Language in Bloom

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Lessons I Learned When I Changed My Business Name

Changing Business Name

If you follow me elsewhere, then you’ve already heard the news (I meant to announce it here on the blog at the same time as my other site, but you can see that that did not happen!)

I’ve changed my business name from Shenandoah Valley Language Services to Language in Bloom, LLC!

I shared some details on the Language in Bloom blog but not too much about the process behind it. I learned a great deal going through these changes with rebranding, redefining my role, and also being strict about the work that I want to do as part of this new direction. I want to share some of that with you here.

The new name: The name is one that I picked last year for a product that I never really followed through with (that product is now the Language Learning Formula, which will be released September 9). When I was working through the new direction of the business, my mind (and progress) kept getting blocked by my indecision about the name. It took me a while, and an emergency meeting with my mastermind group, to finally get over that hump and have people point out to me that I already had a great name, I just wasn’t using it for the official identity of my company.

The name change: The internet will tell you that it is very difficult and expensive to change your business name. In my own experience, this was not the case, although there are still a couple loose ends I have to tie up because of my bank (based on this and other experiences, I do not recommend BB&T).

I filed the necessary paperwork with the Virginia State Corporation Commission, the IRS (and by “paperwork,” I mean a signed letter saying I changed the business name), and my city (for the Certificate of Occupancy and Business License). I informed my insurance company, my clients, and my banking institution/payment processors of the change. I did have to get new business cards, new checks, and it did cost money to file an Article of Amendment online with the SCC, but other than that, the name change has not cost me anything. I also changed my name with all the various accounts for online services.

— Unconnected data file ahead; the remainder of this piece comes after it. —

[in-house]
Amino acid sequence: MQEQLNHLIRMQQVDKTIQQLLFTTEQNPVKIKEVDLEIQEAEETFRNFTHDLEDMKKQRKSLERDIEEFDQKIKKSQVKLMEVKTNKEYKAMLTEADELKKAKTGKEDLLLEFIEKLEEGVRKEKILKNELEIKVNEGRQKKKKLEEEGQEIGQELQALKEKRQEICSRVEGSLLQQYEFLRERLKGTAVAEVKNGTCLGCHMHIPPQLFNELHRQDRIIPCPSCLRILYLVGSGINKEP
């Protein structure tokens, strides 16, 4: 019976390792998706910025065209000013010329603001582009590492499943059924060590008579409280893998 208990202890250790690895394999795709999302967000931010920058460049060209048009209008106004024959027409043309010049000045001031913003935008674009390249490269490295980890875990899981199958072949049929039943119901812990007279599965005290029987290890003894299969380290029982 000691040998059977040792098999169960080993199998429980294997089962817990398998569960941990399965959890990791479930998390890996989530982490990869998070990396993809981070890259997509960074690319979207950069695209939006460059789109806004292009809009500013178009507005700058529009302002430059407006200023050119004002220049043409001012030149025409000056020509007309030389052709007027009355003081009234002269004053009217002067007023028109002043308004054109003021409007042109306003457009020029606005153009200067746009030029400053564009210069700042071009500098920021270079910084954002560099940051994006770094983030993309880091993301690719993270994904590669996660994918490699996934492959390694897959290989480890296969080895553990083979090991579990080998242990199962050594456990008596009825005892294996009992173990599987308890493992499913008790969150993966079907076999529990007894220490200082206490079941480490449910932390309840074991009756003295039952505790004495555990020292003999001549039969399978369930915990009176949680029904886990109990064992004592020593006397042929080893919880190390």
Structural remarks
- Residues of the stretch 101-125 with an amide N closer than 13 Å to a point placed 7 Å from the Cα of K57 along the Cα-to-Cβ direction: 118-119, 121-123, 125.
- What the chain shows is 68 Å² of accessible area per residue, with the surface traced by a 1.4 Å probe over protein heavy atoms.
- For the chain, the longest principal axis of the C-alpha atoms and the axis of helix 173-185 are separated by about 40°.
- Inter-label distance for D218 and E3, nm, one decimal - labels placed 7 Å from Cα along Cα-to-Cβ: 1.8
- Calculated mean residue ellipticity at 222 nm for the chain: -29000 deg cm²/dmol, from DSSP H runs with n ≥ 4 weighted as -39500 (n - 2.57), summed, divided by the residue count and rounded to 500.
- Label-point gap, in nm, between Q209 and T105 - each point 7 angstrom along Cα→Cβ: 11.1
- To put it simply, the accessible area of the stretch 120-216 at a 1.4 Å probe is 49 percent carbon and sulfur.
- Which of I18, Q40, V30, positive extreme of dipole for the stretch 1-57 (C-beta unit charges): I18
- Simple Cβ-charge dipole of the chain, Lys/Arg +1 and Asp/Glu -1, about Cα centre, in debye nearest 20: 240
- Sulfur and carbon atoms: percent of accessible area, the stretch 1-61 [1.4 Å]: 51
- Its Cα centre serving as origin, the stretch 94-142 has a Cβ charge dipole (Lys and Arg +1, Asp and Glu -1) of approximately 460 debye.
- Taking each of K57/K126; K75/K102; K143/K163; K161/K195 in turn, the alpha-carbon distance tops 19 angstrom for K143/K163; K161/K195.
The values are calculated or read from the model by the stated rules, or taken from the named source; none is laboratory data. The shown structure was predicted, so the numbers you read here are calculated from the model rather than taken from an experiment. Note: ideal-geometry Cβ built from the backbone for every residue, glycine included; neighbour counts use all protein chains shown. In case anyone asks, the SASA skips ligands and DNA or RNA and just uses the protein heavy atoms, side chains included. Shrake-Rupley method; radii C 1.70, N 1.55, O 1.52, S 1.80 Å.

In the end, I realized that it’s actually not that hard to change your business name, as long as you’re positive it’s the right move for you and your brand. The paperwork was probably the least difficult part of the whole rebranding that I did.

The logo: Do as I say, not as I do. I talk often of the fact that if I could do it all over again, I would not design the logo myself. Well, I DID have the chance to do it all over again, and I went ahead and did it myself anyway. I did try, though, to have a professional do it: I started a contest on 99designs, and it went horribly. I even paid more money to have it “boosted” so more designers would apply, but the designs were all so uninspired and cheesy that I said “I could do a better job.” And maybe I didn’t do a much better job, but I’m pretty happy with how it turned out.

Language in Bloom Logo

Here she is, the logo in question! I designed her on Canva, which is my favorite tool for anything image-related.

The work:  Even though I stopped advertising that I did translation and interpreting a while ago, there were still a couple clients I had for whom I did that work if they asked. When I finally announced my new name, though, I took that step of letting those clients know that with the new direction, I could no longer provide those services. It felt really, really good, and today I delivered my very last editing project. It feels awesome to know that I’ll be that much more focused on the jobs that do come my way that are aligned with my new direction, because I won’t have the other tasks to distract me.

The upshot: I am so glad that I took a solid month to really make sure that I focused on the new direction and solidified a plan. If I had not said that I wouldn’t take on any new projects, or hadn’t created that big goal for myself with the commitment to really get it done, I might still be floundering with a name that didn’t honestly reflect my work or my passion, and I might still be avoiding making the hard choices that come with exciting new directions.

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Tammy Bjelland
Language lover, teacher & coach.

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